Completed 3/2013, reviewed 4/16/2013
(Warning: This review has some spoilers)
I did not like this book. I found it overly wrought. All of the characters have serious issues. Most significantly, the main character, Robert Gu, is simply annoying. Granted, he’s recovered from Alzheimer’s because of a futuristic cure. But he is so extremely bitter about his past, his divorce, his children, society, and life, that you can’t really like him. The only aspect of him I did like was his luddite-ness. I could relate to his disdain of technology. However, it was really just another brick in his wall of abrasiveness. There were times when I could almost relate to him, but then the scene would quickly change and would return to just being annoyed with him.
One aspect of Gu’s character which could have been redeeming was his relationships with his granddaughter and the young teen who is his class project partner. Unfortunately, his grouchiness prevents the relationships from growing at would seem to me to be normal rates through a novel. Instead, he has his metanoia so close to the end, that when it happens, I didn’t believe it.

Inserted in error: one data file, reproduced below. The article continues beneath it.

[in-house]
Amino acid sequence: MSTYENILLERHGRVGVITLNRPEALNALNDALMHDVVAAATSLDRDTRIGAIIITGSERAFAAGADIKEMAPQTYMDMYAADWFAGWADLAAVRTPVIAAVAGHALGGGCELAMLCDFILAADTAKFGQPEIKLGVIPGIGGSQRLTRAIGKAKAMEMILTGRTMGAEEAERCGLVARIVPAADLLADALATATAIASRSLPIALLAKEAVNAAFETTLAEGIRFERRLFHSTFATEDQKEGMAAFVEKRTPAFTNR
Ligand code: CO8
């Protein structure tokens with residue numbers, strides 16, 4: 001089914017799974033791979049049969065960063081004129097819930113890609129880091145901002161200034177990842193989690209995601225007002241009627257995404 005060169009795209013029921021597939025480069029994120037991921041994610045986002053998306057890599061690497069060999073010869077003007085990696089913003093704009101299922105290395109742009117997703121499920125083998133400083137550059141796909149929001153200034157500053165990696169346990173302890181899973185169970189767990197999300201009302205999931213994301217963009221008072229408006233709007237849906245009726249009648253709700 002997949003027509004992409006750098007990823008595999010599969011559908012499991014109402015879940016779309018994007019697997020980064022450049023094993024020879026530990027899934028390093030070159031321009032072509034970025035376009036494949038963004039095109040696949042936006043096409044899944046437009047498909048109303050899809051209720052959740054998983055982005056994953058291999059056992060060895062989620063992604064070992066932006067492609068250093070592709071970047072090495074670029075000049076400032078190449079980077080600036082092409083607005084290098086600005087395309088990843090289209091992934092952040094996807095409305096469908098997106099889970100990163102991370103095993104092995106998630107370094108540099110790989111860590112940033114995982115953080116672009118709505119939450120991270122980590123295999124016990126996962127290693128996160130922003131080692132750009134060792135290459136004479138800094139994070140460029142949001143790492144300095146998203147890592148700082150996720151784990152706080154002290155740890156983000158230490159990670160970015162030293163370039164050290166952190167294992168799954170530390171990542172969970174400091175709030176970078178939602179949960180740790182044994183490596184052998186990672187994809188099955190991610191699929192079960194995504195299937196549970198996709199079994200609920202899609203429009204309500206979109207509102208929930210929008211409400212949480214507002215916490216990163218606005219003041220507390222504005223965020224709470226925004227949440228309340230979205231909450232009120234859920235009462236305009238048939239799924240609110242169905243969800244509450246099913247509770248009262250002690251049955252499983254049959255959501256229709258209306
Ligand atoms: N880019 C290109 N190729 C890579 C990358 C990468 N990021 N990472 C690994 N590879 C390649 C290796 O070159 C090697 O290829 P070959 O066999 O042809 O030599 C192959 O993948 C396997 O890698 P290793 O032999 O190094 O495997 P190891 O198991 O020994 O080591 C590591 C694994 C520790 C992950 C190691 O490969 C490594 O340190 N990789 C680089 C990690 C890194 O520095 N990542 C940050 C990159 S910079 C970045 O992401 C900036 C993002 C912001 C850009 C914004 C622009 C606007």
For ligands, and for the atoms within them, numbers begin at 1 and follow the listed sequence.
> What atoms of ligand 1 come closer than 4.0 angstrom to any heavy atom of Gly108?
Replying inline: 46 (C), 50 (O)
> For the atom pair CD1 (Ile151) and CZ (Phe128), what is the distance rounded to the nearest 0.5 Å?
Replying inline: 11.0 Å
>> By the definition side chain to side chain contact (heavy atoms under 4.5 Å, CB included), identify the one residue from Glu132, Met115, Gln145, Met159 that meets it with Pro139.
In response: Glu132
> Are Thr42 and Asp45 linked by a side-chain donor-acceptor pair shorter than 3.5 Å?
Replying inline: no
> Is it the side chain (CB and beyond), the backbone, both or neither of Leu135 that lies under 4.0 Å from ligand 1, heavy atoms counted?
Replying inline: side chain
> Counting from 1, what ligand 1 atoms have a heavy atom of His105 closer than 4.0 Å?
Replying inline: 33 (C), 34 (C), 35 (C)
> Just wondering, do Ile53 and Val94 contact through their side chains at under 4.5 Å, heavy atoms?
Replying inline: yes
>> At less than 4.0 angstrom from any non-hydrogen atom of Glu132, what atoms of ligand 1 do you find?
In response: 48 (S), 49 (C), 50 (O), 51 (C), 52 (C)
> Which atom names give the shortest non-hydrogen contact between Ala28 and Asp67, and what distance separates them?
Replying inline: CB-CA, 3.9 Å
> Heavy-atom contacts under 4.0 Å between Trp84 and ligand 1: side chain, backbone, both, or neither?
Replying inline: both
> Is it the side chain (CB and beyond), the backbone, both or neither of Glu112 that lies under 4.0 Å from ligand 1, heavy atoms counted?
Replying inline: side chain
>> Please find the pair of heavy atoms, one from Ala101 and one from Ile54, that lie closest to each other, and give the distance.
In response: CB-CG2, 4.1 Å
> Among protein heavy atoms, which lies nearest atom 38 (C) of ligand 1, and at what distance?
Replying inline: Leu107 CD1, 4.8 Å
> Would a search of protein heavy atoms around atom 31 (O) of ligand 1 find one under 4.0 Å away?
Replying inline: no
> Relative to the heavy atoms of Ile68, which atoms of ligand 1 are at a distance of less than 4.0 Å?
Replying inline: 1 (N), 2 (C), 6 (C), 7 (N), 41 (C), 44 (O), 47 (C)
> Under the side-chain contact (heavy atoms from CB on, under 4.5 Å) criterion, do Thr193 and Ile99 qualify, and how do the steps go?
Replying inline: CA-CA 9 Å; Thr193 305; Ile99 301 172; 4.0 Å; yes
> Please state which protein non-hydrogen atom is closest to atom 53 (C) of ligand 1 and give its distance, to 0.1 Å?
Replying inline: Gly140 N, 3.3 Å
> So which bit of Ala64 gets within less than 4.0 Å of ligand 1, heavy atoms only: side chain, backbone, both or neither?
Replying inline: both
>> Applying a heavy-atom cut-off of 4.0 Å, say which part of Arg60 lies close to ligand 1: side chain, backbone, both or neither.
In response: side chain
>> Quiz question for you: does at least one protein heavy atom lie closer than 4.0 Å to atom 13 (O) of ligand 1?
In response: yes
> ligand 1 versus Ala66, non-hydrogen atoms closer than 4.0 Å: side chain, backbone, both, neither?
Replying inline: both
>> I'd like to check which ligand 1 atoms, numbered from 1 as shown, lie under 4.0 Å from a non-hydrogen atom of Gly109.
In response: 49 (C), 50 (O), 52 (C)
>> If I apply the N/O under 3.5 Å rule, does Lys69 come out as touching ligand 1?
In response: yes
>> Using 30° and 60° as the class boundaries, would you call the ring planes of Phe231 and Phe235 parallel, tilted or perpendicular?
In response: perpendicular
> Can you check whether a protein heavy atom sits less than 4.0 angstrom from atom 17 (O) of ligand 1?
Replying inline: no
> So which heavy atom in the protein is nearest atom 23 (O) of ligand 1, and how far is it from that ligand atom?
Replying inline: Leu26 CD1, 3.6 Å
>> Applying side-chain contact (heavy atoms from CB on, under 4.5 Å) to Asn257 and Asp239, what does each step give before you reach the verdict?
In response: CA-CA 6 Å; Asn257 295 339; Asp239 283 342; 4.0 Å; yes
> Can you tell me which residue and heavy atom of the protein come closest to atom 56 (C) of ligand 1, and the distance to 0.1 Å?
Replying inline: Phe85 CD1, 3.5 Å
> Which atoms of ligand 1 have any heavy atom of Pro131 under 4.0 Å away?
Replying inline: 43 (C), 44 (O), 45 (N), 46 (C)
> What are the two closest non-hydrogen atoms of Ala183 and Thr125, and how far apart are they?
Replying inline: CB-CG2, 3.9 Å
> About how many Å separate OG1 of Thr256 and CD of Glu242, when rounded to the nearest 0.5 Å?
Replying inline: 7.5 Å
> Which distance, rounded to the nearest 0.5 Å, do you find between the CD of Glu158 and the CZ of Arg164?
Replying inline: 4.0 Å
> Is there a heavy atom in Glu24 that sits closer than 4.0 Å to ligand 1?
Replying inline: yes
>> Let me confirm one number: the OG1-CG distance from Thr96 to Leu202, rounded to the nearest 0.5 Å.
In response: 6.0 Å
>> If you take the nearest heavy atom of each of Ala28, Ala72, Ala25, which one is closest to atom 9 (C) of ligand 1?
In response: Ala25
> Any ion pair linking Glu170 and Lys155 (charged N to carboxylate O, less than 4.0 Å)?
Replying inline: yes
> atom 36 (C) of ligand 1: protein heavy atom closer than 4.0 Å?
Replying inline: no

The overriding plot is a massive global conspiracy being perpetrated by a scientist who is double-crossing his colleagues. His plot begins rather interestingly, but quickly becomes overly complex. I found myself really bored whenever the story returned to the scientist, because I just didn’t really care about the angst that was driving his motivation. At some point, his plot involved using a subplot of sabotage instigated by Gu and some of his old academic acquaintences. But I never fully realized how it really related to the scientist’s plot.
One thing I did like about book was the complex blending of the campus demonstration and the sabotage by Gu and his academic gang. Its vivid blending of the concrete and virtual reality was quite fun and surprising. I won’t give it away here, but it was the only bright spot in this tedious book. However, when it was over, I still couldn’t see how it was supposed to have furthered the crazy scientists plot.
Another unfortunate aspect of this book is that it is the first of a series. What disappointed me the most was that we don’t find out who the White Rabbit is. Clearly, s/he is needed for future books in the series, but since I didn’t really care that the crazy scientist’s evil plot was thwarted, or that Gu’s bitterness was beginning to lessen, not revealing the identity of the rabbit made the ending of this book quite unsatisfying.
I gave this book two stars for the strength of the technology wonder devised for the story.